What was true of her stomach is truer still, surely, of Mary’s child – small on the outside, vast within.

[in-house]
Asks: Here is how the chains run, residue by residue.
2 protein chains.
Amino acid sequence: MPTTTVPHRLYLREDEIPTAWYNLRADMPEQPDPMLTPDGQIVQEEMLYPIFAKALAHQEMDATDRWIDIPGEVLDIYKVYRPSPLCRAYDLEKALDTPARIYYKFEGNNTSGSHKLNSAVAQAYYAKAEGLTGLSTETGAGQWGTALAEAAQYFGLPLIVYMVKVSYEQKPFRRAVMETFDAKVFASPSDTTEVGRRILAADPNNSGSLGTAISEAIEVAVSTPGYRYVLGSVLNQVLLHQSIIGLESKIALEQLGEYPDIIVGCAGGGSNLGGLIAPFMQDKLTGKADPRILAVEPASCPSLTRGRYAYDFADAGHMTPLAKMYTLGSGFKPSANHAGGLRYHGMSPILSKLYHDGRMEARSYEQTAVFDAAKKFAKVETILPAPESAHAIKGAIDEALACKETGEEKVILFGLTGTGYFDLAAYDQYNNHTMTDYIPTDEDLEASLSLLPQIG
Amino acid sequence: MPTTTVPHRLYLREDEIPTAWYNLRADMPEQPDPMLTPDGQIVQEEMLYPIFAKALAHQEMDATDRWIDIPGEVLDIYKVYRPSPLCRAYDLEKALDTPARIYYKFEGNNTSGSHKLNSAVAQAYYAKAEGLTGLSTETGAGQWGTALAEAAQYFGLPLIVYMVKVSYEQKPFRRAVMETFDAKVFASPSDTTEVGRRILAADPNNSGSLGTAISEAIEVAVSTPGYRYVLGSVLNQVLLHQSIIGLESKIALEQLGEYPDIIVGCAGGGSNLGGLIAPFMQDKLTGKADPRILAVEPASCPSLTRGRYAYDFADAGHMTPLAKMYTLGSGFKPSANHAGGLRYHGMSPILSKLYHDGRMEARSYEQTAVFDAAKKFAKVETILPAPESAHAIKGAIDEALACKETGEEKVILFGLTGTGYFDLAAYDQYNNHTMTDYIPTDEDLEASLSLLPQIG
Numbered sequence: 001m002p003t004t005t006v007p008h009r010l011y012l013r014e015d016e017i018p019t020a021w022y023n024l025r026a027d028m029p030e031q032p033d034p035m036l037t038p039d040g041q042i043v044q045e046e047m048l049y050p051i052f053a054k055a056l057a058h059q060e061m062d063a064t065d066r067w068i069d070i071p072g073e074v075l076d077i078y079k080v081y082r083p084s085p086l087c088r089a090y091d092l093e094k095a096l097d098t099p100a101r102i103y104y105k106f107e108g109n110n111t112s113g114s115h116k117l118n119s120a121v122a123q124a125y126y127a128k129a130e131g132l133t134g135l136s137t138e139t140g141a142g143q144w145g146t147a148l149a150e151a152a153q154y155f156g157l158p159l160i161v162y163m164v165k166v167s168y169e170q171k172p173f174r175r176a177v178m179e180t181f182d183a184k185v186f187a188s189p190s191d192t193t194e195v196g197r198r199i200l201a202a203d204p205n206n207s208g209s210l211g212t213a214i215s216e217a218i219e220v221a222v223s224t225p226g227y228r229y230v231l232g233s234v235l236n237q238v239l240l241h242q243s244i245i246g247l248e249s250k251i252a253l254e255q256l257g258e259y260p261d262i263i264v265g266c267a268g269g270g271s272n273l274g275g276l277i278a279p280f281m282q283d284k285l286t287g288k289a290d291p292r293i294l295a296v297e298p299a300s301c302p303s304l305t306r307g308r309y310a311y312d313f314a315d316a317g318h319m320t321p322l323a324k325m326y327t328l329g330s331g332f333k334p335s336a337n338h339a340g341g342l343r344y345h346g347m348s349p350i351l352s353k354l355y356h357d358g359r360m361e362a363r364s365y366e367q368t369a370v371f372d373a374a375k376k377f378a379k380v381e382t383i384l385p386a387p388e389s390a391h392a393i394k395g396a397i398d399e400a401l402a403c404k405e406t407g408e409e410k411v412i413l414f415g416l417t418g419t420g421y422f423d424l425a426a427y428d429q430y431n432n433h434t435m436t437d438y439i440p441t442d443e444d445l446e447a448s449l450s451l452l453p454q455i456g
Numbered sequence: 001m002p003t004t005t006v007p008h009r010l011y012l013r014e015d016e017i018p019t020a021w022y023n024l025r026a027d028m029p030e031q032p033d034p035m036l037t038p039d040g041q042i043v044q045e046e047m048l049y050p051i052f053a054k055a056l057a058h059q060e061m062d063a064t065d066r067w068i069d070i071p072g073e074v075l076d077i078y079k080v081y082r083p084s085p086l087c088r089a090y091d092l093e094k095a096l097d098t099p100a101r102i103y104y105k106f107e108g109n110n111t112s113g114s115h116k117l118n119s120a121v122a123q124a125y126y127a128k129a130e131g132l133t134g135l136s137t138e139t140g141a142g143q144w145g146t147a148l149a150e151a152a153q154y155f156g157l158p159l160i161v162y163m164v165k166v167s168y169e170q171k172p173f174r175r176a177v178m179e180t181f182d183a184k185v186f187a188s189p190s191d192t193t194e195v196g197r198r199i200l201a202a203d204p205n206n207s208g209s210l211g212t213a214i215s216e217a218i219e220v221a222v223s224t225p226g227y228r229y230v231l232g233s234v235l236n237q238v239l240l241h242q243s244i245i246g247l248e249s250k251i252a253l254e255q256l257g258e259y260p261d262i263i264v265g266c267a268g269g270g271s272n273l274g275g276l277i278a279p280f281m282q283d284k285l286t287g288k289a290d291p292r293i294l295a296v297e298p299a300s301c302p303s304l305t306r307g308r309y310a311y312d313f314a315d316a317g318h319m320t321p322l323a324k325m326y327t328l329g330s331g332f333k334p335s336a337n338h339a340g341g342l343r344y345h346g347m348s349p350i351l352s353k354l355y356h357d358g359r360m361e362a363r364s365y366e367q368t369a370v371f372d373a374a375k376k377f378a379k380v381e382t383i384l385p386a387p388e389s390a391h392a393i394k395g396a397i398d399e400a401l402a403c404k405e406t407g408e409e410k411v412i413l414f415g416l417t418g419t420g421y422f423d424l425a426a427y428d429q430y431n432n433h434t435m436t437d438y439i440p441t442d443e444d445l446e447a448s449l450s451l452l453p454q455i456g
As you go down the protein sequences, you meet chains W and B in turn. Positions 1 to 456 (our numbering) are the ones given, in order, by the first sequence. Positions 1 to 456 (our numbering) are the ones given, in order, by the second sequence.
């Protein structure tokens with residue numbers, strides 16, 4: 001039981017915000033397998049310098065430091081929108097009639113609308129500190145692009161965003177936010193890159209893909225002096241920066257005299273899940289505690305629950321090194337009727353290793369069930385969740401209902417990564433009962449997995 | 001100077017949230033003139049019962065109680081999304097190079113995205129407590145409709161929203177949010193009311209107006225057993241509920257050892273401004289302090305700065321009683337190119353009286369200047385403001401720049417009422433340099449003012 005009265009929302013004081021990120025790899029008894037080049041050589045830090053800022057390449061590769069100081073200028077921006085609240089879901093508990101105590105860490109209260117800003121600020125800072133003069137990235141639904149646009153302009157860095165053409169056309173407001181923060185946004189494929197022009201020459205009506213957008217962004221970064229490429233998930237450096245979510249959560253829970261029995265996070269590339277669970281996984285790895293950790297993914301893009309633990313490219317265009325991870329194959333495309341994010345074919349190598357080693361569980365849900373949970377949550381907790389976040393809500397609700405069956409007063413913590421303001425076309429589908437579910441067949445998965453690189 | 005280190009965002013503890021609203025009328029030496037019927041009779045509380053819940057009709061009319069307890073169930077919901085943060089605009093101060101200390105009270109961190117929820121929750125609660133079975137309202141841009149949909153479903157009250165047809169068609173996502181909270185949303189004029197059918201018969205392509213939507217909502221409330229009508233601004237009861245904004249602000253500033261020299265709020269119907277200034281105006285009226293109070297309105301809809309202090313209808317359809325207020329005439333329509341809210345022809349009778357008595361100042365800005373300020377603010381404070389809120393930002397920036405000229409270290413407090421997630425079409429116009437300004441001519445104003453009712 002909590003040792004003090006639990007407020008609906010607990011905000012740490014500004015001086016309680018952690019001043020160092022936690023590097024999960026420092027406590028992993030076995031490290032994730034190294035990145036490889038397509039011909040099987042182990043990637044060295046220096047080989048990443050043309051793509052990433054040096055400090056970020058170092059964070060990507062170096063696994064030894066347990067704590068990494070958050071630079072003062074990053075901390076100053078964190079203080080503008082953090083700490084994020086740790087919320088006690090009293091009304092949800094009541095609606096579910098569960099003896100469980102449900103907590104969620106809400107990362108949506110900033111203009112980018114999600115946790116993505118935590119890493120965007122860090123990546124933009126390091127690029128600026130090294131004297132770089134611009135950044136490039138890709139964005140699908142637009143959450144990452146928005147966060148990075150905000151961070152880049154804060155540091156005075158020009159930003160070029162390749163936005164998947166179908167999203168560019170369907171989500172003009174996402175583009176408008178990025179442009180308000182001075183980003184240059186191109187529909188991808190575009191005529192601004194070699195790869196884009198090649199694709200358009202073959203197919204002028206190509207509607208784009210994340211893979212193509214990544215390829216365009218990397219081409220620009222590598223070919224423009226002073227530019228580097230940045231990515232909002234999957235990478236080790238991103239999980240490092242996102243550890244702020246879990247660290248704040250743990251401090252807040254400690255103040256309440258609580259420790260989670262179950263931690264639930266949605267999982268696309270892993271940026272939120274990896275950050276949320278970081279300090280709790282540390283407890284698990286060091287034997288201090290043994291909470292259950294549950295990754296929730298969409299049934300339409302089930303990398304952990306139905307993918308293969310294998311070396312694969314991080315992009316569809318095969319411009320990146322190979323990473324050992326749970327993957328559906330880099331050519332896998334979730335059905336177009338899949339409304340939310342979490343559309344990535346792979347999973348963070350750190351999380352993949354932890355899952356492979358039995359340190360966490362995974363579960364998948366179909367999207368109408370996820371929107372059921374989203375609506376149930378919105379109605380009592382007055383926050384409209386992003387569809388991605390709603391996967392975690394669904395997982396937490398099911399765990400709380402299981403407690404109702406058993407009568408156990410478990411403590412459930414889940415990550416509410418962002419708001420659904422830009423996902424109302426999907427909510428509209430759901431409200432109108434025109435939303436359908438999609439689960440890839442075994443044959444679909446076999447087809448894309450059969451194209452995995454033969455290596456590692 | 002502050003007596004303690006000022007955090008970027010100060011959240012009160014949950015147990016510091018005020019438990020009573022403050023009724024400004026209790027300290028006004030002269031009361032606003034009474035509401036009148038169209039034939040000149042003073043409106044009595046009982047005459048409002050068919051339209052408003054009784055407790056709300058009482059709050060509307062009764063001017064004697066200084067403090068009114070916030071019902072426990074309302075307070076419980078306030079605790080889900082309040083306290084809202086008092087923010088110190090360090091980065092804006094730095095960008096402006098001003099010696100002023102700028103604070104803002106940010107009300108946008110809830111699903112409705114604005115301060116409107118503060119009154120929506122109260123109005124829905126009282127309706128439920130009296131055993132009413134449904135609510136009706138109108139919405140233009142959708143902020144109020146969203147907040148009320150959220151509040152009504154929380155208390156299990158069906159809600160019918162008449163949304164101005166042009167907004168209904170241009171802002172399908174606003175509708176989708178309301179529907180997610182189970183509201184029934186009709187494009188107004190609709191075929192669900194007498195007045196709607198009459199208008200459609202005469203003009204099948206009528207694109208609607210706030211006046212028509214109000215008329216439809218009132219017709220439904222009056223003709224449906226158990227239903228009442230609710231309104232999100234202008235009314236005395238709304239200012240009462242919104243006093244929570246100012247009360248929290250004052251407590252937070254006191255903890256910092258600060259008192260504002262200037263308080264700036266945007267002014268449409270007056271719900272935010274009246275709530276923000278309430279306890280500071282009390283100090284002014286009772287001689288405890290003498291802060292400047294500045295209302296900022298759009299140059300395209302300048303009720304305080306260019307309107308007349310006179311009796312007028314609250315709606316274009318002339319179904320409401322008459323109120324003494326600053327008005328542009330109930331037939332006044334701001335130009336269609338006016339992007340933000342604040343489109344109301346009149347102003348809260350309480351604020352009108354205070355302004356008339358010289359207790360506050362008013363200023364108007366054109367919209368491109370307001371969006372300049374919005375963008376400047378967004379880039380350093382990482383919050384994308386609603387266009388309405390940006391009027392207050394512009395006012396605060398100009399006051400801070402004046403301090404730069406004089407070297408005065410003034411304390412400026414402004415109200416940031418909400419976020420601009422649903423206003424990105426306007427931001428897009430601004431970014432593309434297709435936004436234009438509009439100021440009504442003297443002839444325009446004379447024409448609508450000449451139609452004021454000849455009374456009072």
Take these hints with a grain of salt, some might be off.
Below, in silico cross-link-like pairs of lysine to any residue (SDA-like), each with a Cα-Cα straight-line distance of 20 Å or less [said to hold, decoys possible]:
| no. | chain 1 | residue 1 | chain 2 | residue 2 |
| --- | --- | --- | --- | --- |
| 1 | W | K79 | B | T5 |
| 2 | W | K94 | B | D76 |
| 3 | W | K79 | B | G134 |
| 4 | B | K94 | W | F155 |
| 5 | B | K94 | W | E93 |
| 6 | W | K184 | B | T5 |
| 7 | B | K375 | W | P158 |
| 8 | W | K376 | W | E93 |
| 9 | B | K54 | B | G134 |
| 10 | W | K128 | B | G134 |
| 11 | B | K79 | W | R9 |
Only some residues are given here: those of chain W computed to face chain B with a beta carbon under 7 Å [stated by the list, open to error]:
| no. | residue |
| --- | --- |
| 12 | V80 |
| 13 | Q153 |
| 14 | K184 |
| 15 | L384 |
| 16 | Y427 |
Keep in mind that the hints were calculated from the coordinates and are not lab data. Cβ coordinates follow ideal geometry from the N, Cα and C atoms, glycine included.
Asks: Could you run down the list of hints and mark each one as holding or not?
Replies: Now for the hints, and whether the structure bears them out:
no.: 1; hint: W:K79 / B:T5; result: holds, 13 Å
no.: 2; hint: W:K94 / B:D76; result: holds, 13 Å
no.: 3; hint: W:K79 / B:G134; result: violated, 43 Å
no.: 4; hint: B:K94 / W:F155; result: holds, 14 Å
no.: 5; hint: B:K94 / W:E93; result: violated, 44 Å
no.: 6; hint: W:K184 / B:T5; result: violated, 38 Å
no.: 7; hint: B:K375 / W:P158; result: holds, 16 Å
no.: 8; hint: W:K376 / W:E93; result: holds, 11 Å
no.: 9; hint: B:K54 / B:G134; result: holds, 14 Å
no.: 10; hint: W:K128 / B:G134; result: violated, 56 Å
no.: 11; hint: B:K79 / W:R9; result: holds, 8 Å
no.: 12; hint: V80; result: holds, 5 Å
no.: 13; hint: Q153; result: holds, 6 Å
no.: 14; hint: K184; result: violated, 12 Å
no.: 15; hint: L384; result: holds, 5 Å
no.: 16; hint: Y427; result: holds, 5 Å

From the Christian community in Rome of the first few centuries, we’ve received the custom of three Christmas Masses: at night, at dawn and at the day. It is good just to celebrate one, but if we take the three together, we find ourselves led into the deep meaning of Christmas – to the hugeness in the littleness. And this Mass, the Day Mass, was the climax. Notice that it doesn’t tell the story of Jesus’ birth; that was told unforgettably by St Luke in the midnight Mass. It doesn’t recount the visit of the shepherds; that came at the Dawn Mass. It doesn’t relate the coming of the Magi; that must wait to Epiphany. No, this Mass goes for the hidden hugeness. It was celebrated by the Pope and the Christians of Rome in the basilica of St Peter, and through the Prologue of St John and the Letter to the Hebrews it wanted to sing out to Rome and the world, urbi et orbi, St Peter’s confession: You are the Christ, the Son of the living God. God has now spoken to us in his Son through whom he made all things. The Word who was from God, is with God, and is God, has entered our world, has become flesh. And we have seen his glory. And from this child, the true King, spreads out the true Empire, not the cruel Empire of Rome, but a kingdom of justice and peace and right relationships. “All the ends of the earth have seen the salvation of our God”, say the Psalm and the Communion Antiphon. “Let all the angels worship him”, says the Letter to the Hebrews. “Come, you nations, says the Alleluia verse, worship the Lord.” The ancient Romans worshipped the sun, but a greater sun, said the Christians, has arisen. The Romans worshipped their Empire and Emperors, but now a greater kingdom has come. Yes, Christmas surpasses everything. “Gift better than himself God doth not know. Gift better than his God no man can see. This gift doth here the Giver given bestow”.